Almost after a year, now that I blog about food, I wanted to try my hands in making basbousa on stove-top, well because I have no oven.  Even though I have a recipe in the Lebanese cookbook I own, I wanted to check other versions. There is more than two to three version of basbousa, which are different by name, ingredients and even by method! Each region of middle east, north African countries have their own unique version, some use flour with egg or even coconut shreds. I really want to try the coconut one!

Nammoura or Basbousa | Middle Eastern Semolina Cake

On my first attempt, I made this in a loaf pan and used almonds and butter; and to get the browning, I toasted the basbousa pieces on the tawa with the sugar syrup! :-P lol ...this version was finger-licking good - literally finger-licking, and I am not exaggerating when I say it was much better than the bakery one I had tasted. The fine semolina baked with butter and rose water infused syrup and the sesame flavour - it was a flavour bomb!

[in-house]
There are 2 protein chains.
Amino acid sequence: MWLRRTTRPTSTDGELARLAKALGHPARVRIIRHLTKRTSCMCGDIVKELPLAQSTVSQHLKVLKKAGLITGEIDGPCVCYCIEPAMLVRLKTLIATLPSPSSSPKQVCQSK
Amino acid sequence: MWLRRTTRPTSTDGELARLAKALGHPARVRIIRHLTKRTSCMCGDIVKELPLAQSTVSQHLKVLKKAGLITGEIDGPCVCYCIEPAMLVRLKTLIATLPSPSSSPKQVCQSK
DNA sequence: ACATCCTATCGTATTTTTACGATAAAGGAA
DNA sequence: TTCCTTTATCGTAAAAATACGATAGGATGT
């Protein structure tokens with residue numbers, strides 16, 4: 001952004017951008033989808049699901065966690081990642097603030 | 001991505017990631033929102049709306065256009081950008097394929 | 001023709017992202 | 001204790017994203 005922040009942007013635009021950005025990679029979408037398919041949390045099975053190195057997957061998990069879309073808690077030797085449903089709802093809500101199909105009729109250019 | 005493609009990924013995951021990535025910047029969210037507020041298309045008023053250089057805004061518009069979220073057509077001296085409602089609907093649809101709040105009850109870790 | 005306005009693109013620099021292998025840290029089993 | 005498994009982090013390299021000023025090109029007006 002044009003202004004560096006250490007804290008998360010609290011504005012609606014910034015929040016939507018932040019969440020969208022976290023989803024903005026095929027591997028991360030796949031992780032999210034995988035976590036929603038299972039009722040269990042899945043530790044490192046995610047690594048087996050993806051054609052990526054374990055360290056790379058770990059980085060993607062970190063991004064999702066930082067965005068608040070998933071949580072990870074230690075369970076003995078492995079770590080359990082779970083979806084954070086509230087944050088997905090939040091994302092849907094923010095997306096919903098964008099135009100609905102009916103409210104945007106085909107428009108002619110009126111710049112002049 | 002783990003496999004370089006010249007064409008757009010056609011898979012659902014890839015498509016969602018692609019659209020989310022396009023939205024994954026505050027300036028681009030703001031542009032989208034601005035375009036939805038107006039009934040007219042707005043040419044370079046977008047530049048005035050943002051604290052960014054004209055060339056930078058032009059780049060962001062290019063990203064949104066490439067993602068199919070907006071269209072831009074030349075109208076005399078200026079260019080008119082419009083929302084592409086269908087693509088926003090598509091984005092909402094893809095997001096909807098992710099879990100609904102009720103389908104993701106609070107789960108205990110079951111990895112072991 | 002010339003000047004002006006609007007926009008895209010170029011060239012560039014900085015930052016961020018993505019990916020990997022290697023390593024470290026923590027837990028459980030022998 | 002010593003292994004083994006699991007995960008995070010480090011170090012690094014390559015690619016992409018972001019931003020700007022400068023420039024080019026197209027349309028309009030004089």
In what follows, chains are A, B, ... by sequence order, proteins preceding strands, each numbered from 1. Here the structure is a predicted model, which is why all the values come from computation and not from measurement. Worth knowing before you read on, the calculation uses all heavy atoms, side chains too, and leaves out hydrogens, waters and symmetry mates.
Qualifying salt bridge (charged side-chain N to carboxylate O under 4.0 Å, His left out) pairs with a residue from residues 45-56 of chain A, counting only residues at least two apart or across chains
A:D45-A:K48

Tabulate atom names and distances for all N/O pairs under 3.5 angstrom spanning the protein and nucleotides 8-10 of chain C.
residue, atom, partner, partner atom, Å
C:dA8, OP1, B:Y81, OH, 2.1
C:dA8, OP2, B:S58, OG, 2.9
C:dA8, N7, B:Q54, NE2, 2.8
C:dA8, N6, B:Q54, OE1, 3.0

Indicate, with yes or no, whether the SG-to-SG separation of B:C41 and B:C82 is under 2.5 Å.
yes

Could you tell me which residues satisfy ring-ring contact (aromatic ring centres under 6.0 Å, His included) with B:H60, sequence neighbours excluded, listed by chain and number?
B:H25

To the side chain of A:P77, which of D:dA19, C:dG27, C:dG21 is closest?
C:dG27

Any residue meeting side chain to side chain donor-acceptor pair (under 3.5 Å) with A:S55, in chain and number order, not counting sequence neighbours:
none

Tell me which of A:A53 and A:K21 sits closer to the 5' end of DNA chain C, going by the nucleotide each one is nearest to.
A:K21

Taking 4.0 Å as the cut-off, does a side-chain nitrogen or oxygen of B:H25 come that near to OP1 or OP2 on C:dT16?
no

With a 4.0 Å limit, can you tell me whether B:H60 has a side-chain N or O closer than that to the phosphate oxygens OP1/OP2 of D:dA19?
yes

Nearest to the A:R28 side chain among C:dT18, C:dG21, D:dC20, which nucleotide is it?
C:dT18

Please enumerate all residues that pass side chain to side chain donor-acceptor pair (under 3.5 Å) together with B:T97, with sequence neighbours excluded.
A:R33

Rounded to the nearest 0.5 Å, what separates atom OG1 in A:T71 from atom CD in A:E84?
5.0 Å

But I wanted to try again and this time uses the round version with a diamond shape inspired by Sawsan, and also use orange blossom water and pistachios. I used a springform pan and this time I skipped the browning! I was so elated with the outcome, that I clicked too many pictures of it and it is so hard for me to decide what to put up here because nothing came out as expected :-( lol!

Nammoura or Basbousa | Middle Eastern Semolina Cake

The loaf pan version gave squares and was tall while the springform was right thickness and diamond-shaped. Coming to think of it, I would not even use the springform next time! I would just use my round wide shallow pan with the diffuse technology ones! I will keep you posted on that trial. We had this throughout the weekend nibbling on it whenever we passed by it.. :-P